Side C begins with “Ghost,” a diamond in the rough for this album. It talks of how there is now an “Echo where your heart used to be” and that “You’re just a ghost.” The album then immediately goes into “Love Me,” which is easily one of the best sentiments of the album. She says that she must “Love myself the way I want you to love me.” How can you expect someone to love you if you can’t even accept yourself? This is the second semi ballad of the album expressing a simple concept that everyone struggles with.

Jumping down a track, the album then goes into “Double Rainbow.” Although this song seems positive on the outset, it has an eerie feeling behind it. The song discusses how rare double rainbows can be. I wonder if they are so rare that this song is really just speaking of a dream or illusion. Did she actually find a double rainbow as the song proclaims?

Finally, we come to the one true ballad of the entire album “By The Grace of God.” There is no denying this song is a chronicle of her breakup from Brand. Perry’s passionate vocals sore over a simple piano accompaniment showing she doesn’t need all the pop effects to have talent. She revisits the spiritual realm in this song acknowledging the fact that it was only by the grace of God that she survived this time in her life. She croons over the chorus, “And I looked in the Mirror. And decided to stay. Wasn’t going to let love take me out like that.”  A simple march begins in the climax of this song. I felt like it was a march of survival and resilience.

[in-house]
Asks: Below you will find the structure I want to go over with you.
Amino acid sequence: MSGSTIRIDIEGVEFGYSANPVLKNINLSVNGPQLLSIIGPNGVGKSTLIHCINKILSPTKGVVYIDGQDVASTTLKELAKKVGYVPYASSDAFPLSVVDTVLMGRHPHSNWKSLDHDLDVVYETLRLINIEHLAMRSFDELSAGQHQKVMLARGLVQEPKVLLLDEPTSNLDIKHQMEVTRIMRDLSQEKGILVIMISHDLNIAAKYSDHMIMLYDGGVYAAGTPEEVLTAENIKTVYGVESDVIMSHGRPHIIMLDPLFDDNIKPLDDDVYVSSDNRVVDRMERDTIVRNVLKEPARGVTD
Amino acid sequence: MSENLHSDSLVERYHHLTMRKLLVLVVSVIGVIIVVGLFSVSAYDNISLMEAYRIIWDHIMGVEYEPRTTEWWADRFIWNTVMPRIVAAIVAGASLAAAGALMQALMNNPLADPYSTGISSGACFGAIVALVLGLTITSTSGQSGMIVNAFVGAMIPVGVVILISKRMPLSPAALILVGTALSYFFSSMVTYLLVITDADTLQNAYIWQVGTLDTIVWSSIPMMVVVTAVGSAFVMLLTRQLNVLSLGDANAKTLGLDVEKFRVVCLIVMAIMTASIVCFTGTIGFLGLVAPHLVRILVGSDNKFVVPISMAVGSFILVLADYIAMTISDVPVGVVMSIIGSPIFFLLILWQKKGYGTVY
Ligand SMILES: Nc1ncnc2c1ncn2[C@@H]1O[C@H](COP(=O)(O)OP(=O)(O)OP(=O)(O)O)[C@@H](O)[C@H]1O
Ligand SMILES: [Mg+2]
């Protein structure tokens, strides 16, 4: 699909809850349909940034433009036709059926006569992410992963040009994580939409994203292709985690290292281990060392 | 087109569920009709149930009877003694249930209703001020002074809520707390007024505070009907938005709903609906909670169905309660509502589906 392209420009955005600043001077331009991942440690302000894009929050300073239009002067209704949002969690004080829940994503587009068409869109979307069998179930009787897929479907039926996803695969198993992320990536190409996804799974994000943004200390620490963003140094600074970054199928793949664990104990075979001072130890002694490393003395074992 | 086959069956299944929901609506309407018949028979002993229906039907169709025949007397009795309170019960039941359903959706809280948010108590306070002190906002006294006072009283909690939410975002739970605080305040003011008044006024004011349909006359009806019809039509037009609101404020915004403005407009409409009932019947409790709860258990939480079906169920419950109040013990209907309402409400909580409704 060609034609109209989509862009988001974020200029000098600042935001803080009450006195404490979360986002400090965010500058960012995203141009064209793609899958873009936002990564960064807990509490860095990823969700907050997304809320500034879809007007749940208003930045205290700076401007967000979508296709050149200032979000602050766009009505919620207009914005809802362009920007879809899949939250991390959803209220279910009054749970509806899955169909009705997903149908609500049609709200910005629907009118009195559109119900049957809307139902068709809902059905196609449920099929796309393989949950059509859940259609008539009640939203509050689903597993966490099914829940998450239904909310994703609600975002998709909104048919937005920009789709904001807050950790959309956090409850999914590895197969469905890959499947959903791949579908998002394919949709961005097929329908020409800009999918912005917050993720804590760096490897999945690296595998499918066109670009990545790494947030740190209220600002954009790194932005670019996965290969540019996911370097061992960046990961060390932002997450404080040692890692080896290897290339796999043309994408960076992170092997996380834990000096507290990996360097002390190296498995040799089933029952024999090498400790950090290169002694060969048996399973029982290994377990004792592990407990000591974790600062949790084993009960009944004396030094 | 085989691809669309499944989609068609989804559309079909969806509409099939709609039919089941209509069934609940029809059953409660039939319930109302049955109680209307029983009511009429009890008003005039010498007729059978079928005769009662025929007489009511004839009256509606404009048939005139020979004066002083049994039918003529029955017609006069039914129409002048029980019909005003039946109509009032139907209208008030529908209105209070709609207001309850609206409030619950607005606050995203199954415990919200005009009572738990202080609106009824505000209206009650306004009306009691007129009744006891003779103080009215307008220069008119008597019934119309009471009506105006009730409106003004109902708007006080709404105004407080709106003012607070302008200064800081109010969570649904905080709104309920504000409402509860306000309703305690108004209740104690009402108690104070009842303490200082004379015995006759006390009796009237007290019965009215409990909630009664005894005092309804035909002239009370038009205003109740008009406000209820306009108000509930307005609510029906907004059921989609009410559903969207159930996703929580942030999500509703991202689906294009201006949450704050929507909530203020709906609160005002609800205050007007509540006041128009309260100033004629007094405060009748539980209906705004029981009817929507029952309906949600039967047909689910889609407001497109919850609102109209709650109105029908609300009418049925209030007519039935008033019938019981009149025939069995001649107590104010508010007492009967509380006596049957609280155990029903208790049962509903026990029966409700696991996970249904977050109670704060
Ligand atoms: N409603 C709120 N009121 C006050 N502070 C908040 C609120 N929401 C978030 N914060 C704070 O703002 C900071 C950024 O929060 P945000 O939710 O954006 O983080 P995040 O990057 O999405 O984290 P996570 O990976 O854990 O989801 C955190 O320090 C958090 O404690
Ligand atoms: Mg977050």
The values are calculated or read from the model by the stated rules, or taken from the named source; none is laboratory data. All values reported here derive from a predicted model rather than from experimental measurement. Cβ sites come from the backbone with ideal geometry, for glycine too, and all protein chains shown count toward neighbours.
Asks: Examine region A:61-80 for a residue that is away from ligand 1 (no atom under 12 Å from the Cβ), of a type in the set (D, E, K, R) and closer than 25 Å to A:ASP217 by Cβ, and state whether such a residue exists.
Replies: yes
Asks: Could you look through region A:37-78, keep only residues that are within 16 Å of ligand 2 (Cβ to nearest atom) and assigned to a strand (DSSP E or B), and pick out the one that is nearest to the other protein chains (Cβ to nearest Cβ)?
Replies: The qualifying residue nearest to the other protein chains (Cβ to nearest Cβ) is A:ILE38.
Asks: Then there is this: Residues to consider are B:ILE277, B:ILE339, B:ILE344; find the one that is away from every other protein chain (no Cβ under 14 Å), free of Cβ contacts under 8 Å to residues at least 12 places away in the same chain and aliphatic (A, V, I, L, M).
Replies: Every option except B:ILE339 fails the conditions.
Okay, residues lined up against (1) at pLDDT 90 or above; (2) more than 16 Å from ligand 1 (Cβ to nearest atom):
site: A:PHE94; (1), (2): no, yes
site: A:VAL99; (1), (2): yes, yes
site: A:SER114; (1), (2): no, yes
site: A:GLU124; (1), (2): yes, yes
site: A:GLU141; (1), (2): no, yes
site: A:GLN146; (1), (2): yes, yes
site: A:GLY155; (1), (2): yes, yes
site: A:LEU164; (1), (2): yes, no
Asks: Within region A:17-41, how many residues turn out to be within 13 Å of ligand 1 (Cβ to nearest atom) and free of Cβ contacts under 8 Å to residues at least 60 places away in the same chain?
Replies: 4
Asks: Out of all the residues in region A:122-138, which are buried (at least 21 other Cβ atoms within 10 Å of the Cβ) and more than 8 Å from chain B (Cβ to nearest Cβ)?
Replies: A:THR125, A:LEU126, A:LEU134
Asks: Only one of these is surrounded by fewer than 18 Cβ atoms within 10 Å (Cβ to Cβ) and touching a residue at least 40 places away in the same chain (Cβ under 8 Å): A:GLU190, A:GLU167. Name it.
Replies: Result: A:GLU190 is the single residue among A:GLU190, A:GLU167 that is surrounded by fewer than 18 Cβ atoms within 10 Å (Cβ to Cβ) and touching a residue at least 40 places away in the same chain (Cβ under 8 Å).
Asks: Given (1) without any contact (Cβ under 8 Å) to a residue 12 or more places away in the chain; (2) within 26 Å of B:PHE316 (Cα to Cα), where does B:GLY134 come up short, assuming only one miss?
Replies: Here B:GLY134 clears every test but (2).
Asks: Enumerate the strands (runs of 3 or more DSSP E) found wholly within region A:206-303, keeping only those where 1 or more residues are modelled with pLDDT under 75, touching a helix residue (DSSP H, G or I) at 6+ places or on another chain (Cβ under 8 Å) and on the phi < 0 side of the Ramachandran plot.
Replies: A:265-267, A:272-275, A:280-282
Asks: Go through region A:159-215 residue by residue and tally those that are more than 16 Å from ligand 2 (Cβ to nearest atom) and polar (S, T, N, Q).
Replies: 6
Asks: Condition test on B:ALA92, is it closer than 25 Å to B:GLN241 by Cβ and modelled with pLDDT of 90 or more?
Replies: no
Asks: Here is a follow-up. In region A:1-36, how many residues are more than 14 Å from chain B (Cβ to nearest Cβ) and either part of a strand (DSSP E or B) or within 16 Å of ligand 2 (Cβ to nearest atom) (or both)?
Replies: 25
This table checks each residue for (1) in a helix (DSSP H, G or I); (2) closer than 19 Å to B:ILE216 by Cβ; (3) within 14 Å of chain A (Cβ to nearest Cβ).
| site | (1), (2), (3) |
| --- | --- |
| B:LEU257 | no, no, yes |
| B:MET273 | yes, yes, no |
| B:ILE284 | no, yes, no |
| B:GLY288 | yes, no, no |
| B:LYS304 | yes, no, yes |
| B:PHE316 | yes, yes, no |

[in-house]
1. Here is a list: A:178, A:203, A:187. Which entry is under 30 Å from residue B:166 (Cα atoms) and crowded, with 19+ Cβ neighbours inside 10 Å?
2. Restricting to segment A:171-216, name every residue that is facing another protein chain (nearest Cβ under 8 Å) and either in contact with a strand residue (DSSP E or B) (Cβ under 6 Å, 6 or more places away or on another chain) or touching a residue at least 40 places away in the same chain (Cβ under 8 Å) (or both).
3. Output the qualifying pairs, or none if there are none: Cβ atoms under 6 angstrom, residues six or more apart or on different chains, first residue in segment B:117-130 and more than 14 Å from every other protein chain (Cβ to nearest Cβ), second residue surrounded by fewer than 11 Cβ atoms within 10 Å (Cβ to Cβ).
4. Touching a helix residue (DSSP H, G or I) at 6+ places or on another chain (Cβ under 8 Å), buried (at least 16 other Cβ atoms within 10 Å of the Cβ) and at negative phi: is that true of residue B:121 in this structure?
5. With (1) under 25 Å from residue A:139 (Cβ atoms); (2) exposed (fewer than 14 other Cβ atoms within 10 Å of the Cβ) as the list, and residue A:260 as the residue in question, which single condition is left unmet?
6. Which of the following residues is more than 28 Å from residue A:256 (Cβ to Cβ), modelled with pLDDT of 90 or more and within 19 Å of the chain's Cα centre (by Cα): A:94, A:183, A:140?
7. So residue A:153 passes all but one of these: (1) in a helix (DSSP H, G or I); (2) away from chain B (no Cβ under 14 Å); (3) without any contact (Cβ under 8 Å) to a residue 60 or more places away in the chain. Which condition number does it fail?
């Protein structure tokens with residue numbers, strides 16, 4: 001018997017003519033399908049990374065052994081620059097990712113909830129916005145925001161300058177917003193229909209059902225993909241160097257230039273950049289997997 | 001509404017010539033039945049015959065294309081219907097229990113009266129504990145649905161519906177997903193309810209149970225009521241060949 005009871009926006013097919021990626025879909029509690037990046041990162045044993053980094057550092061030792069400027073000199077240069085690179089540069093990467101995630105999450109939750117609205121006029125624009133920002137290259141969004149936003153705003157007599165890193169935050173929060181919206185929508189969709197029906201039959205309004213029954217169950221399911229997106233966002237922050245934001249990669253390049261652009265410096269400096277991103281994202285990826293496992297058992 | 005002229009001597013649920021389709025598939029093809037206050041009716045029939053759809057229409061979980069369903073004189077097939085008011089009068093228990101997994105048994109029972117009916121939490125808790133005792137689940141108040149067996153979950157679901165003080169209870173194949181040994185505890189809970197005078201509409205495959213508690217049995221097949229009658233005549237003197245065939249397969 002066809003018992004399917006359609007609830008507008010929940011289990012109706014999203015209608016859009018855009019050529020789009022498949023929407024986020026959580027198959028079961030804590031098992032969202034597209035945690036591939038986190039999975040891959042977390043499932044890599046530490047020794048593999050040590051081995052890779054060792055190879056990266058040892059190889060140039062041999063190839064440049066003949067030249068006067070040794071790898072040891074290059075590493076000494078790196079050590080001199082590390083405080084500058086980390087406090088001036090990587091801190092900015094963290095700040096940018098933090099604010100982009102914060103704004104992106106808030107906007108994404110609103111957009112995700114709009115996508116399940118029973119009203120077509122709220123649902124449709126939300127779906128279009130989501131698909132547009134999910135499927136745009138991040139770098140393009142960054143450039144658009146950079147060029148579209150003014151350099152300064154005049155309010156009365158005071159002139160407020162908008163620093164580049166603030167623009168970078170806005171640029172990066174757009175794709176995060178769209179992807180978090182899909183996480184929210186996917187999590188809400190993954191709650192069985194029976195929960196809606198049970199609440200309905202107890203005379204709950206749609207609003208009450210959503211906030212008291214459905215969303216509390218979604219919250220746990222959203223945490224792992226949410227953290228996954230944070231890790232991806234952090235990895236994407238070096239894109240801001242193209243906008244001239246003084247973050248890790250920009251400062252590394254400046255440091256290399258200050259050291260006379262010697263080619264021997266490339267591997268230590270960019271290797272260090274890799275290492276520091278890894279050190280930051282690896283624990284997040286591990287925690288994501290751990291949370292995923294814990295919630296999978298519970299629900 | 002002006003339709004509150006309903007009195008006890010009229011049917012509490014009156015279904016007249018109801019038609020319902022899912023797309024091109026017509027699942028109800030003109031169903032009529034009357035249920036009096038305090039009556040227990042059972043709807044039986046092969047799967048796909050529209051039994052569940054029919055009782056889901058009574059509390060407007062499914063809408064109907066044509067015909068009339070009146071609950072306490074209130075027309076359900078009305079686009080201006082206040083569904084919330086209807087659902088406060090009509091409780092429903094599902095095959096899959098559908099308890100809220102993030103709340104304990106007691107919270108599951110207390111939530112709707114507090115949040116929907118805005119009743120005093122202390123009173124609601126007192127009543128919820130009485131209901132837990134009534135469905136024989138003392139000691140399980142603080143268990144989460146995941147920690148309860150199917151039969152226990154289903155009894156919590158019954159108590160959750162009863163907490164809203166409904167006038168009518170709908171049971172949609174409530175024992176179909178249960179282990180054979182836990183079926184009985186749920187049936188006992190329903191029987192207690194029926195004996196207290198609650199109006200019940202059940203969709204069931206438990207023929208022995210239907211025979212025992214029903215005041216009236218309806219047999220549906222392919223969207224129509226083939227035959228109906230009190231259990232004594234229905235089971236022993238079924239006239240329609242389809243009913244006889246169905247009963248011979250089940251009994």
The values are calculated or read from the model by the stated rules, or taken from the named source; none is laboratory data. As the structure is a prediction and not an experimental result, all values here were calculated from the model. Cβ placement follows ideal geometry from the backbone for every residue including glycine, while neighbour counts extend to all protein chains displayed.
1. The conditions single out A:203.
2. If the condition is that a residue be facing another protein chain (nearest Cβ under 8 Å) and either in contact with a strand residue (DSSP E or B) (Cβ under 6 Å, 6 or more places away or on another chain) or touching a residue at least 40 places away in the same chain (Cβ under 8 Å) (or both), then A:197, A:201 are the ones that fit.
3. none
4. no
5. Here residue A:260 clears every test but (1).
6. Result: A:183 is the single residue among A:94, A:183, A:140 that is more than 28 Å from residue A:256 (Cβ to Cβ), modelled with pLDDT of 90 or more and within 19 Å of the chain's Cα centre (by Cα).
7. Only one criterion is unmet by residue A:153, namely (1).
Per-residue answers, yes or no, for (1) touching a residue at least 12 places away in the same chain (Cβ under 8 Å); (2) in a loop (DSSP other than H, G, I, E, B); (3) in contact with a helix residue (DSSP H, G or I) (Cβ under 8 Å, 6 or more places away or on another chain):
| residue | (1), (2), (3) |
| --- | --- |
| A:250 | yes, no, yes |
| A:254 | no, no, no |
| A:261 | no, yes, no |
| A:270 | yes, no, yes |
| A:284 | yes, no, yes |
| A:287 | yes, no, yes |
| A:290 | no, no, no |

bfe0dd225eae7407d7b3b0d3c9f9f0a9I believe this song is the prelude to what will come next in Perry’s carreer. To say the least, I’m very excited. “By The Grace of God” showed Perry’s writing at its best, her vocals at their most pristine, and her talent in the rawest form. Greater and better things are in store for Perry and I can’t wait to hear the soundtrack.

What I realized after listening to this album a little harder was that I was listening to it all wrong. This isn’t an album made of simple pop anthems. Perry pours her soul into these songs and expresses her emotions from a pivotal experience in her life. These are easily some of Perry’s freshest and truest writings. Sadly, I was listening for another Teenage Dream.

I guess I was just looking through the prism wrong the first time around.

So as I sit here now, nearly 5 years after I saw her concert, I think about how my life has changed and how it hasn’t. I also think about peppermint swirls and dancing sharks. I realize that I have literally lived half of Perry’s songs. She has provided a hint of hope for those of us who still just want to be who we are creatively and stand up for what is right, but are restricted by society. Although her music has morphed into a commercial machine, her writings have not. She is the same Perry not wanting to be one of the boys.

Now if you’ll excuse me I need to run down to the drugstore. My lips are chapped, I need some chapstick. I hope they have cherry….